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Our World Turned to Water

This powerful nonfiction article describes one community’s experience during the Louisiana Flood of 2016. We’ve paired the story with a poem about the power of community after a tragedy.

By Lauren Tarshis
From the October 2017 Issue

Learning Objective: to synthesize ideas about helping others in a nonfiction article and a poem

Lexiles: 820L, 930L
Other Key Skills: author’s purpose, mood, word choice, key ideas and details, close reading, critical thinking, synthesis, summarizing, tone, text features, central ideas and details
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Dig Deeper With These Texts
Guiding Question

How can tragedy bring people together?

Washington Post article: “In Houston, acts of hospitality set off a chain reaction of goodwill”

This Washington Post article highlights the incredible kindness and resilience being demonstrated by the residents of Houston in the aftermath of Hurricane Harvey.

Time magazine article: “How Disasters Bring Out Our Kindness”

This TIME magazine article explores how humans use kindness to cope with the stress and grief experienced after a devastating event like the Louisiana Flood.

Scope video: “Rebuilding Hope”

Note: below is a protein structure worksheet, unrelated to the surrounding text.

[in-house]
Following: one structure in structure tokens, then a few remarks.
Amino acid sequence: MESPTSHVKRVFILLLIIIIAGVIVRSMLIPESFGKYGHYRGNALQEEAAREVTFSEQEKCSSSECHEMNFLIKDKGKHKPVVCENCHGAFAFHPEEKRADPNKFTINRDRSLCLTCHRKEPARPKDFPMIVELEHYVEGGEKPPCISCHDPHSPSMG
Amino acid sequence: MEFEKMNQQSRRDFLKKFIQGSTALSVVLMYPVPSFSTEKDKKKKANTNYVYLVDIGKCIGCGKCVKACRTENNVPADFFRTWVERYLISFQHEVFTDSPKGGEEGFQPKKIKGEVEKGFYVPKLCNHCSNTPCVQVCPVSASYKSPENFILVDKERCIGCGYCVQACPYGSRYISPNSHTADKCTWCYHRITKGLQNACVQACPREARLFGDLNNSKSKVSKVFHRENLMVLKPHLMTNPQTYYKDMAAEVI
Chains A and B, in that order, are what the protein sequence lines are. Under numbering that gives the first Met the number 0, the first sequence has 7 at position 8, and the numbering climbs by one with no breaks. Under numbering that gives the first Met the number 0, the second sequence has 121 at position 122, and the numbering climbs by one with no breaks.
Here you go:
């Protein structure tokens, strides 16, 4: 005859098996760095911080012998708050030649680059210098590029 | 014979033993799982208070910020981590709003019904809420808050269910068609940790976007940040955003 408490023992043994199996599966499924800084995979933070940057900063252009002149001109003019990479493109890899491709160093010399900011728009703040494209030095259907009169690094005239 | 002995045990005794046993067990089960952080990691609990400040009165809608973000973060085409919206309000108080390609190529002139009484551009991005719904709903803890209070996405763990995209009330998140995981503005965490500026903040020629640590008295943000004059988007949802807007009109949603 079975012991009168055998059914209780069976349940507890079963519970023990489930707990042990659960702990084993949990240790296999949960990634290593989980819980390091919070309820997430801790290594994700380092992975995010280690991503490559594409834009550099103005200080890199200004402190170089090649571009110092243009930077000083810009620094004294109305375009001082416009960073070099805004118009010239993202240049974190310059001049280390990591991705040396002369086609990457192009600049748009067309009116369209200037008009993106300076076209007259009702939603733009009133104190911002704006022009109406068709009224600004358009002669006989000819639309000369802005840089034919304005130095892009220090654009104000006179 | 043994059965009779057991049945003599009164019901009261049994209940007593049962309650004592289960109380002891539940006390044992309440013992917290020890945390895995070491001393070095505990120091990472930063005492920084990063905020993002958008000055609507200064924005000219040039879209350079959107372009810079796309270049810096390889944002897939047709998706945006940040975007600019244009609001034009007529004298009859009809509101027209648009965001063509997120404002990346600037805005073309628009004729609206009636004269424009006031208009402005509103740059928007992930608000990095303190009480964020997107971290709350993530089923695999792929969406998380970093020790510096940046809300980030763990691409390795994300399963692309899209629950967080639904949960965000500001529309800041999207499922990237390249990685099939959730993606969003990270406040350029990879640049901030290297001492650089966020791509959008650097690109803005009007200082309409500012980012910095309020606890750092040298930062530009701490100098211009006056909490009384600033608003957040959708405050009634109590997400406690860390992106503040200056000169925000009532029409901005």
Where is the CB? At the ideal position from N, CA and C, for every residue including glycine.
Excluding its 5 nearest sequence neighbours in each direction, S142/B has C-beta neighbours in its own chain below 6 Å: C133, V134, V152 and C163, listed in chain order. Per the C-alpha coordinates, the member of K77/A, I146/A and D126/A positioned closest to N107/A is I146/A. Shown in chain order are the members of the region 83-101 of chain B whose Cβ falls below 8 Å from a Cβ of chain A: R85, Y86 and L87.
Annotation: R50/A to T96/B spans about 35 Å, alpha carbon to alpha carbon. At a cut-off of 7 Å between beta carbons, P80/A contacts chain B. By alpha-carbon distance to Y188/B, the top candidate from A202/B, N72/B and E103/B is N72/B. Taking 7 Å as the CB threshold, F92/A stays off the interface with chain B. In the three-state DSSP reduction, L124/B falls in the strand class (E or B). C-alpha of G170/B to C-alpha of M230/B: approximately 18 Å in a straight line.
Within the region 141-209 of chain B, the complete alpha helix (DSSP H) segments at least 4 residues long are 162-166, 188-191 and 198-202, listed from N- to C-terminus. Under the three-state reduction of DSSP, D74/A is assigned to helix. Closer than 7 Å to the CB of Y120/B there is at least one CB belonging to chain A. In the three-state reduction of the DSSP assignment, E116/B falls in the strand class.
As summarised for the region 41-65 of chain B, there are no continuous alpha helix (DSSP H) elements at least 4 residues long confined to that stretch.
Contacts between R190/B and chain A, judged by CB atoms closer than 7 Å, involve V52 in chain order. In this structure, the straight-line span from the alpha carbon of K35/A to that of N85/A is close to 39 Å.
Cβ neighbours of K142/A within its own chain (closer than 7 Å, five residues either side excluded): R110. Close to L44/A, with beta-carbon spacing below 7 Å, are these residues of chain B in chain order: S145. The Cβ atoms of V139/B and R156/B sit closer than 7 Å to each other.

In this beautiful video, Ariel Creamer, 14, gives your students a tour of her town of Rockaway, New York, after Hurricane Sandy.


President Obama’s remarks after a series of tornados devastated Oklahoma in 2013 shed light on the resilience of the American spirit when faced with tragedy.

Step-by-Step Lesson Plan

Close Reading, Critical Thinking, Skill Building




Differentiated Writing Prompts
For On Level Readers

According to the article and poem, what can people do to help others who experience disasters? Explain in an essay, using evidence from both texts.

For Struggling Readers

In a well-organized paragraph, explain how both “Our World Turned to Water” and “What We Know” describe people helping others after a disaster. Use text evidence.

For Advanced Readers

Compare the approaches that the author of “Our World Turned to Water” and the poet who wrote “What We Know” take to the topic of a large-scale disaster. Be sure to explain what each writer’s purpose is and what ideas appear in both texts.

Customized Performance Tasks
For Poets

Write a companion poem to “What We Know,” from the point of view of someone who is giving, rather than receiving, help after a disaster. Use “Our World Turned to Water” for inspiration.

For Doers

Follow tips number 4 and 5 in “How to Stay Safe”: With your family, put together an emergency kit and make a plan for what to do in the event of a flash flood. Then share with your classmates what you did to inspire them to do the same.

Literature Connection: Texts that explore survival in the face of a natural disaster.

by Jim Murphy

The Big Wave 
by Pearl S. Buck

Zane and the Hurricane 
by Rodman Philbrick